Everyone is busy: we are busy as artists, mothers, workshop facilitators, writers, wives, friends, and as multiple other roles. Consequently, it becomes very easy for us to occasionally give up the very thing that can keep us safe and sane—our boundaries. Boundaries are the limits we set for others, and ourselves in order to maintain our comfort, our safety and our dignity. I know that when I am tired I often say yes to people when intuitively I know that I should be saying no. We establish our boundaries by paying attention to our feelings. We respect our boundaries when we have the courage to speak or take action when our boundaries are transgressed. Sometimes letting it go when someone overuses your time or talents is OK and sometimes by not speaking up, you are violating your own need for respect, safety and space. You can tell if someone has crossed your boundaries by having physical symptoms such as headaches, stress, exhaustion or a churning stomach. You may feel fear, anxiety, anger, resentment, embarrassment or numbness.
Take this short test to see where you stand with your boundaries:
Are You Clear About Your Boundaries?
Place true or false in front of each statement:
____ I often feel angry but never know why.
____ I often feel other people take advantage of me.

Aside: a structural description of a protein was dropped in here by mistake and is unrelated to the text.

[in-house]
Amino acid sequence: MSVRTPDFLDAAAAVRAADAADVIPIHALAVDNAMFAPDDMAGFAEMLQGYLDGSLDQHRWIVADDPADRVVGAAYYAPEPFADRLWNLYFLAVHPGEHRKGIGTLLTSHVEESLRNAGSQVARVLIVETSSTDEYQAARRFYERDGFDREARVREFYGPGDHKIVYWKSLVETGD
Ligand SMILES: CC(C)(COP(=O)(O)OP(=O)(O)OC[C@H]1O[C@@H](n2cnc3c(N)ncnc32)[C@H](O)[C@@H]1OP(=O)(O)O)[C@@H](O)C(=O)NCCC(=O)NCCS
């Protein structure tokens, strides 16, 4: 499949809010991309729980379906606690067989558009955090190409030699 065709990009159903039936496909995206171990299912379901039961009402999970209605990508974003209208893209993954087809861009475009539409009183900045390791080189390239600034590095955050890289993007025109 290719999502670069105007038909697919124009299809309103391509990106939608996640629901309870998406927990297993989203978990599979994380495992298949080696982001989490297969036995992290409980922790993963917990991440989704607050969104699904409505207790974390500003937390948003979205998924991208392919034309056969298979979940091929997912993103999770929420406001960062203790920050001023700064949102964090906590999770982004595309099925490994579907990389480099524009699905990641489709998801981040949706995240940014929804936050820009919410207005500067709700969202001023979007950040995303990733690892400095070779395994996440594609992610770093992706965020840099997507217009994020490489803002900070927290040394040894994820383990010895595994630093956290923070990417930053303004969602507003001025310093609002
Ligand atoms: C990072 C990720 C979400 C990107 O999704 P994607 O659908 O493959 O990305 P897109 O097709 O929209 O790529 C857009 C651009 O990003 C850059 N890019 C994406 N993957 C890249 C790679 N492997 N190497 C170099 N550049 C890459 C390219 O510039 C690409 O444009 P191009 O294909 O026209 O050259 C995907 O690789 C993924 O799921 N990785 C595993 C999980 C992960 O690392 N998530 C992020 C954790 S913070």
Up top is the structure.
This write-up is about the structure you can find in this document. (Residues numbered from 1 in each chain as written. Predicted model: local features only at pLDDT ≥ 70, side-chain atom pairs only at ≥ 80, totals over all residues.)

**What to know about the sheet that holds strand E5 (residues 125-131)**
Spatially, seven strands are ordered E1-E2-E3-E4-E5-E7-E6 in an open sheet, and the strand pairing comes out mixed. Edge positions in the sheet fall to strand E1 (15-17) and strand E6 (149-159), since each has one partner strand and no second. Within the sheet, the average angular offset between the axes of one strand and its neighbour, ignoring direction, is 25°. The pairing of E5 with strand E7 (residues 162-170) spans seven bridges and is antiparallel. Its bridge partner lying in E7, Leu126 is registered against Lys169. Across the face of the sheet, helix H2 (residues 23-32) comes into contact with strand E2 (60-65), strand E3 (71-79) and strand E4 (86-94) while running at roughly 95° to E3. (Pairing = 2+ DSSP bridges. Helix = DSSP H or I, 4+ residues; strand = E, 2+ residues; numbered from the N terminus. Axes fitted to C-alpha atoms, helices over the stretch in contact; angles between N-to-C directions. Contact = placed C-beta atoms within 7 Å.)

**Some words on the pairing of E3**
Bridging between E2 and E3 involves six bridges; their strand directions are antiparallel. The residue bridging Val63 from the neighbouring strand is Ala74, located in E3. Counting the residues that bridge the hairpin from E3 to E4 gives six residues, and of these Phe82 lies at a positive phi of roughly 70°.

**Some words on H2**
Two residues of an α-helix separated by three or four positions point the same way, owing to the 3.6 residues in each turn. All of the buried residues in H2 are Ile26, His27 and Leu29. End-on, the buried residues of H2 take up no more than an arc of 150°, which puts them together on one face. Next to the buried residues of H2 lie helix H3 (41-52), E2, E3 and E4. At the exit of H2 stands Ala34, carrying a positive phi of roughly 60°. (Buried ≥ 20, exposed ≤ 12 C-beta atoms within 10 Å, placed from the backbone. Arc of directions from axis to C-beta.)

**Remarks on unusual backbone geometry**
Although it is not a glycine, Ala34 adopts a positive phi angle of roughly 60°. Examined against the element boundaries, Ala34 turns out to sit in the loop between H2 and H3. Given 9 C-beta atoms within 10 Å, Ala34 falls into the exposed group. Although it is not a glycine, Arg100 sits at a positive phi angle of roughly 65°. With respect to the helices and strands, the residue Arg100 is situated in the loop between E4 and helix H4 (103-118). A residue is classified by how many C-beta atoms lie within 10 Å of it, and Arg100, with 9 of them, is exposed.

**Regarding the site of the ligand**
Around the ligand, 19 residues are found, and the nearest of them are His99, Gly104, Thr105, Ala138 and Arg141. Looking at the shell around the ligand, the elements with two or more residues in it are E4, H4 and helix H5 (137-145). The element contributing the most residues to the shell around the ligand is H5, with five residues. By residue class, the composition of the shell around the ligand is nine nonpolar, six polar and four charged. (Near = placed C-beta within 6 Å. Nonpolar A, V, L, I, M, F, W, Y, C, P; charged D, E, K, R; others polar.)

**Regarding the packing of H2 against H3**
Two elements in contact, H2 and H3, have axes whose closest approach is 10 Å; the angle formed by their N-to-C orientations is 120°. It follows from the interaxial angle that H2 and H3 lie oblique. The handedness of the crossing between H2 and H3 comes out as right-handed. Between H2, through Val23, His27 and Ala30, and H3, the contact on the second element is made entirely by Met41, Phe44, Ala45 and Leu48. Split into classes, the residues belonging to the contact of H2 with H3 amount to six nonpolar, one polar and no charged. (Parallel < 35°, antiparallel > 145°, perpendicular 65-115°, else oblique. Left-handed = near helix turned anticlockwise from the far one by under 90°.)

____ I find it easier to feel other people’s pain than my own.
____ I often pretend to agree with people when I really don’t.
____ I am likely to change my plans to suit others.
____ I find it difficult to say no, particularly to my parents or children.
____ I often blame myself when things are not going well in a relationship.
____ I often feel responsible for the actions of others.
____ I find it easier to give support to others than to receive support.
____ I often wish the phone wouldn’t ring and people would leave me alone.
If you answered true to most of the above perhaps you need to clarify your personal boundaries.
How often do you say yes when you want to shout no? Do you say yes because you will feel guilty if you don’t? Saying no in an assertive, non-aggressive manner can be difficult sometimes.
Take a few minutes to do this art exercise. Get comfortable and relaxed and have a piece of paper and some coloring tools next to you. Do some deep breathing. Visualize the last time you felt pressured into doing something. Ask yourself, is this a reasonable request? Check your body. Are you breathing shallowly? Are you perspiring? Do you feel trapped, pushed into a corner? Is this a violation of your boundaries? Now, visualize yourself having the physical space, the mental space, and the emotional space that you need with this person to respond to their request. Now, see if yes is the right response or if you need to say no.
It few minutes and paint or draw the image of what it looked like when you visualized yourself taking the space you needed with this person and her/his request. Did this exercise help you get clearer about your boundaries? Healthy boundaries help protect our energy so we can be creative in the studio and our lives.
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